”, he says.

The Covid- 19 Challenge

McGettigan, like everyone operating in the hospitality sector, has had a very challenging year as a result of the ongoing Covid- 19 pandemic. “At the forefront for us, of course, is the safety of our guests”, he says. “This is a key priority; we have adopted the Failte Ireland Covid- 19 safety charter, and everything that needs to be in place is in place”.

“Covid- 19 has changed the industry and changed the world. It’s been particularly damaging and detrimental for the tourism industry – to aviation, and anyone else that falls under the tourism umbrella. The business has been cruelly dealt a blow. Dublin city centre has suffered particularly badly, it’s been promoted as a place not to go into.”

How the Government handles the tourism and hospitality sector is crucial, in McGettigan’s opinion. “They need to mind the sector, but I don’t think the Government really understands the industry or takes it seriously. They need to look at the amount of multiplier industries involved – whether it’s buying a coffee, taking a taxi, going out for lunch etc.”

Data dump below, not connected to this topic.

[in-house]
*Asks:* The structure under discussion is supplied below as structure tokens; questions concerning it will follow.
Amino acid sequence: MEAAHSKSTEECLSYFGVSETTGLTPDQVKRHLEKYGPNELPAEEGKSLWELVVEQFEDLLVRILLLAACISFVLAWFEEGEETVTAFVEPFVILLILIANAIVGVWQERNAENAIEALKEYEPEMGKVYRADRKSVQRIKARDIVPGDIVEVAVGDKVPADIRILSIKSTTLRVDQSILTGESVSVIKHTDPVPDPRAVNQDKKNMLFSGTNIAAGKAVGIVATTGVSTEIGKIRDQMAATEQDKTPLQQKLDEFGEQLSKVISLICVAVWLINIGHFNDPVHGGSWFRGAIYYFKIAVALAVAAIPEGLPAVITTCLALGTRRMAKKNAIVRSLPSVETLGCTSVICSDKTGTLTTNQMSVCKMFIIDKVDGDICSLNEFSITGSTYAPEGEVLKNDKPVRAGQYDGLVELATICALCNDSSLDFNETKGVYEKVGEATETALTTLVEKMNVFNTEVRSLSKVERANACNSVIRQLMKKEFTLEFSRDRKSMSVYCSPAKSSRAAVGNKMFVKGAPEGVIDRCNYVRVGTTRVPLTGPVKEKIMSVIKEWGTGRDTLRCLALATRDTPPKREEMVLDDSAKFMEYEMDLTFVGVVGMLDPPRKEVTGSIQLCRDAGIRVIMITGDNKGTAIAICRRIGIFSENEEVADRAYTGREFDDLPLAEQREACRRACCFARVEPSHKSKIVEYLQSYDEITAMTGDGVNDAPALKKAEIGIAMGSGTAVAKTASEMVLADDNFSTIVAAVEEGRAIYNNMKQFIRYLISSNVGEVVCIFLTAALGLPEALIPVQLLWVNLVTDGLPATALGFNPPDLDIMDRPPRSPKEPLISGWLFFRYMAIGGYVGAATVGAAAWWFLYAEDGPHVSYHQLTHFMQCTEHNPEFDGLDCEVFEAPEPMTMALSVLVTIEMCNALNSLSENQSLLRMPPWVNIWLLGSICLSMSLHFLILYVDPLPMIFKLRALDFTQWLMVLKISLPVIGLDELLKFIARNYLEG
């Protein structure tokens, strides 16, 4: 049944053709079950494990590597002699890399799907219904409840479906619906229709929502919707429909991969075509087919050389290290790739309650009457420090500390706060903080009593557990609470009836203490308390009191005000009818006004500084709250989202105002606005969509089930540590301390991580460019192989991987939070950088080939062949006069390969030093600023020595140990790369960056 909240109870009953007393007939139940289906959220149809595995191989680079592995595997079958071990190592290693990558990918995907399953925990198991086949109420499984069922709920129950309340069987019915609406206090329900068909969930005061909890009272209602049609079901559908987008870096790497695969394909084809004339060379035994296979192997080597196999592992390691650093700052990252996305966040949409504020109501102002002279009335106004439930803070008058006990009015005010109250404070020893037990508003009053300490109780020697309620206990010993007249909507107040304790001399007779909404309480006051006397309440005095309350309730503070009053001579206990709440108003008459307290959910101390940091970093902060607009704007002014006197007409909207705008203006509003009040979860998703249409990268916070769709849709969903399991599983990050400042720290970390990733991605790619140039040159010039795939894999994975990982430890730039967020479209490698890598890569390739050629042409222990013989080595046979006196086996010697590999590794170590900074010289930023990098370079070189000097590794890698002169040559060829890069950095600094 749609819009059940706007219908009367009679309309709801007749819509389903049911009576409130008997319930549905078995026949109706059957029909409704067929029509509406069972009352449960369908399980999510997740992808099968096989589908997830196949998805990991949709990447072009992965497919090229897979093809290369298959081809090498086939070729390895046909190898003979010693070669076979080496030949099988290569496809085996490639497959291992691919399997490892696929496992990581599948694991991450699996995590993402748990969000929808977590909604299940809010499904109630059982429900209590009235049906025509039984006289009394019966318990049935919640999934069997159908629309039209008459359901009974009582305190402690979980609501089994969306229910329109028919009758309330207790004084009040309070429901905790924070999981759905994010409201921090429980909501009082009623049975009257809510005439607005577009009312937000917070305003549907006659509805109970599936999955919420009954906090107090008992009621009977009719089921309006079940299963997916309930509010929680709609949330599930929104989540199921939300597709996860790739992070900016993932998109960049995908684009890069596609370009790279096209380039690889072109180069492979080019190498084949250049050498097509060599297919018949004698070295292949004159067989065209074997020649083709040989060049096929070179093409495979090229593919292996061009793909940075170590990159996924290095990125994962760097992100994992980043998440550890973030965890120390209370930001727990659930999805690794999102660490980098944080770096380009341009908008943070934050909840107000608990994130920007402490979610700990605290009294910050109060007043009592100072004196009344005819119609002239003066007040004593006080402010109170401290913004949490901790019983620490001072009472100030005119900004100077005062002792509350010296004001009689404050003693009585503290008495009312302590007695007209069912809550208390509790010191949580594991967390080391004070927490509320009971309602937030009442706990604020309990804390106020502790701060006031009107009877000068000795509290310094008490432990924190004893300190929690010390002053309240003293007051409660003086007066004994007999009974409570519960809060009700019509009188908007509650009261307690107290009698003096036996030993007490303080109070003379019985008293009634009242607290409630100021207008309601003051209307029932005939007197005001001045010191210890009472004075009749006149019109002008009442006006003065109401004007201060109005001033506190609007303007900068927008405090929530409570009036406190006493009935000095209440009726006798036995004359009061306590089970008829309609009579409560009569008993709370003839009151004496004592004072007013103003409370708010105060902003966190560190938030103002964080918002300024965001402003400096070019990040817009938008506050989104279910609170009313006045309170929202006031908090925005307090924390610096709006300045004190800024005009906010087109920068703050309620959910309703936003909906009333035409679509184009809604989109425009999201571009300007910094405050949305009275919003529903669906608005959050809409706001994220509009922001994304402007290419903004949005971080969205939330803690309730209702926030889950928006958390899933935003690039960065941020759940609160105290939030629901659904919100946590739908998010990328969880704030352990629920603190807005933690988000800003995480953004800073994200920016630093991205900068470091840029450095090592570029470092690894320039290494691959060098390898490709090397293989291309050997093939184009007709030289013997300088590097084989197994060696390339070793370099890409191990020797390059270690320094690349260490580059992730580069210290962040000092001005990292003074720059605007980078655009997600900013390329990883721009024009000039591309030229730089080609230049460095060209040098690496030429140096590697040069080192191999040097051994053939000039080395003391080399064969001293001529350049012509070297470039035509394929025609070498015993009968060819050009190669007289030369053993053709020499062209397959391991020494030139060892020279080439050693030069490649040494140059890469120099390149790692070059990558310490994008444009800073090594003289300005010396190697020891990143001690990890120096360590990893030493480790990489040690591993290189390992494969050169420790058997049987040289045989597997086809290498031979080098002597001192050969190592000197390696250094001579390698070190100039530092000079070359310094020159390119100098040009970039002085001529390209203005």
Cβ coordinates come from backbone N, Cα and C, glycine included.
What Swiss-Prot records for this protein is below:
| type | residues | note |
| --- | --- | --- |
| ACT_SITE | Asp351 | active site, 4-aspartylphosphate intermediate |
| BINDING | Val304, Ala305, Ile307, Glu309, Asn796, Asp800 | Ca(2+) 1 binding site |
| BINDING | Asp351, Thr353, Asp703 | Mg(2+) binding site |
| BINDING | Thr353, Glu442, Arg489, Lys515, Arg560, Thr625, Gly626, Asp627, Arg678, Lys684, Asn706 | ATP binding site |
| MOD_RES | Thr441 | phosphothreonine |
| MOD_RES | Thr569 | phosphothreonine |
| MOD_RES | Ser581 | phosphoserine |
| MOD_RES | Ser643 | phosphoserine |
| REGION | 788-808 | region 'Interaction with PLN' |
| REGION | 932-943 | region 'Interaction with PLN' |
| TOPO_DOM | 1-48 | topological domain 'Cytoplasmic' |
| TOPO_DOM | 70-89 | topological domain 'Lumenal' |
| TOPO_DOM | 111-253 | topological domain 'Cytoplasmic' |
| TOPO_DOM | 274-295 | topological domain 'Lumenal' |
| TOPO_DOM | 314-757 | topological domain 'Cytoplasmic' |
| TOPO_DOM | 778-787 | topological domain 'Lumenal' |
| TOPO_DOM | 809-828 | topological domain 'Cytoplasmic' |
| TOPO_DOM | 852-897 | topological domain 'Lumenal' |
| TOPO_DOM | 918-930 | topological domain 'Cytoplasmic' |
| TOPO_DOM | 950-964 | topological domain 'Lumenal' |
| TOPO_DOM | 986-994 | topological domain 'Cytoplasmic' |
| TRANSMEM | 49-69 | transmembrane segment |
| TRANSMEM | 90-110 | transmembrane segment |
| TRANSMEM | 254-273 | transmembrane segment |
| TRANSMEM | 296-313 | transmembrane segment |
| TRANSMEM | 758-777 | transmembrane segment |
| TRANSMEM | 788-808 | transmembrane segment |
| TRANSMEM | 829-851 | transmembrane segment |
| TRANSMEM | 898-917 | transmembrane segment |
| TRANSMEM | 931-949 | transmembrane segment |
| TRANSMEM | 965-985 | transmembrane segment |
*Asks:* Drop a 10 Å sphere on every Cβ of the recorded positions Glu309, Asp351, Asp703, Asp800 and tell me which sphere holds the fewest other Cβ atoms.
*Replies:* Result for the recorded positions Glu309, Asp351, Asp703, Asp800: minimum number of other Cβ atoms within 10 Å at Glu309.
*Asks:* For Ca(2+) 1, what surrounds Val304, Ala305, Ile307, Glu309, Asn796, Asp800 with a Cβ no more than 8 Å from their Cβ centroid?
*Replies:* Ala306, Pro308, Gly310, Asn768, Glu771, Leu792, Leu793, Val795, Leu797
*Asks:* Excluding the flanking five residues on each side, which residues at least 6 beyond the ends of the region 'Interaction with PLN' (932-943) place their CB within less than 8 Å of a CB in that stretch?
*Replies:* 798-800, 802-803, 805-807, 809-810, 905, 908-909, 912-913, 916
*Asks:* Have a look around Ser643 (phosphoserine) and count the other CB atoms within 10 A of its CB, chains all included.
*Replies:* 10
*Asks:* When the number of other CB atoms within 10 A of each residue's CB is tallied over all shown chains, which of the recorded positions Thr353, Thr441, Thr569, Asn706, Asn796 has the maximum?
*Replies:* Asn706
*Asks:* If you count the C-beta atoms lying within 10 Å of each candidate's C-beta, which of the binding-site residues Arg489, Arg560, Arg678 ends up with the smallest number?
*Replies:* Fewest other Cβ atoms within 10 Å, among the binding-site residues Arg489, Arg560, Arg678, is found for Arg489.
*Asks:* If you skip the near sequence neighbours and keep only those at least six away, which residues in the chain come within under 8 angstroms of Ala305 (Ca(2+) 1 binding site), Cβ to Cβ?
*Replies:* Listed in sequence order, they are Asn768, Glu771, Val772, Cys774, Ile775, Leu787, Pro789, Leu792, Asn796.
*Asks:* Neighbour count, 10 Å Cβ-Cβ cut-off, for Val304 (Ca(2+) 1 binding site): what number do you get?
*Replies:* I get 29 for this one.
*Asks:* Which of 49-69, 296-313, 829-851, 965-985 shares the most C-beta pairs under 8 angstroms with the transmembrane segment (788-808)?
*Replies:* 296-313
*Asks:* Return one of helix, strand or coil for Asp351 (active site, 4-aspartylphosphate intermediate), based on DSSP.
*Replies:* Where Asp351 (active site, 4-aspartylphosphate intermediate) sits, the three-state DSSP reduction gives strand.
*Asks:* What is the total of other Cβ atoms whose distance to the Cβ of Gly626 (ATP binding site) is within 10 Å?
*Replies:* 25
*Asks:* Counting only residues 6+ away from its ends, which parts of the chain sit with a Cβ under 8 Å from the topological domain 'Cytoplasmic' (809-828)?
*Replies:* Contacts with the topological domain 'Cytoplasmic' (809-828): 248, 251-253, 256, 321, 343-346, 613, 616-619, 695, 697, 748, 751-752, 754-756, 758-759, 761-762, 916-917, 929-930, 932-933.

While he feels that while the banks have been supportive, he believes that the Government need to do much more. “When a county moves to Level 3, they need to provide targeted relief for that county. And it needs to be more than they’re doing. To give hotels €7,500 over 3.5 weeks is paltry. They need to be more creative about their reliefs, and they need to be more generous.”

McGettigan has some strong opinions on the way that Dublin hotels have been treated during the pandemic. “Dublin hotels are shouldering all of the debt, as you have to pay for the location”, he says. “There’s no air travel so there’s no international visitors, no corporates, no sports. A lot of hotels have big debts. However, regional businesses are getting the same levels of support as Dublin, which doesn’t stack up. The worst impacted need to get more and it needs to be a little bit more equitable.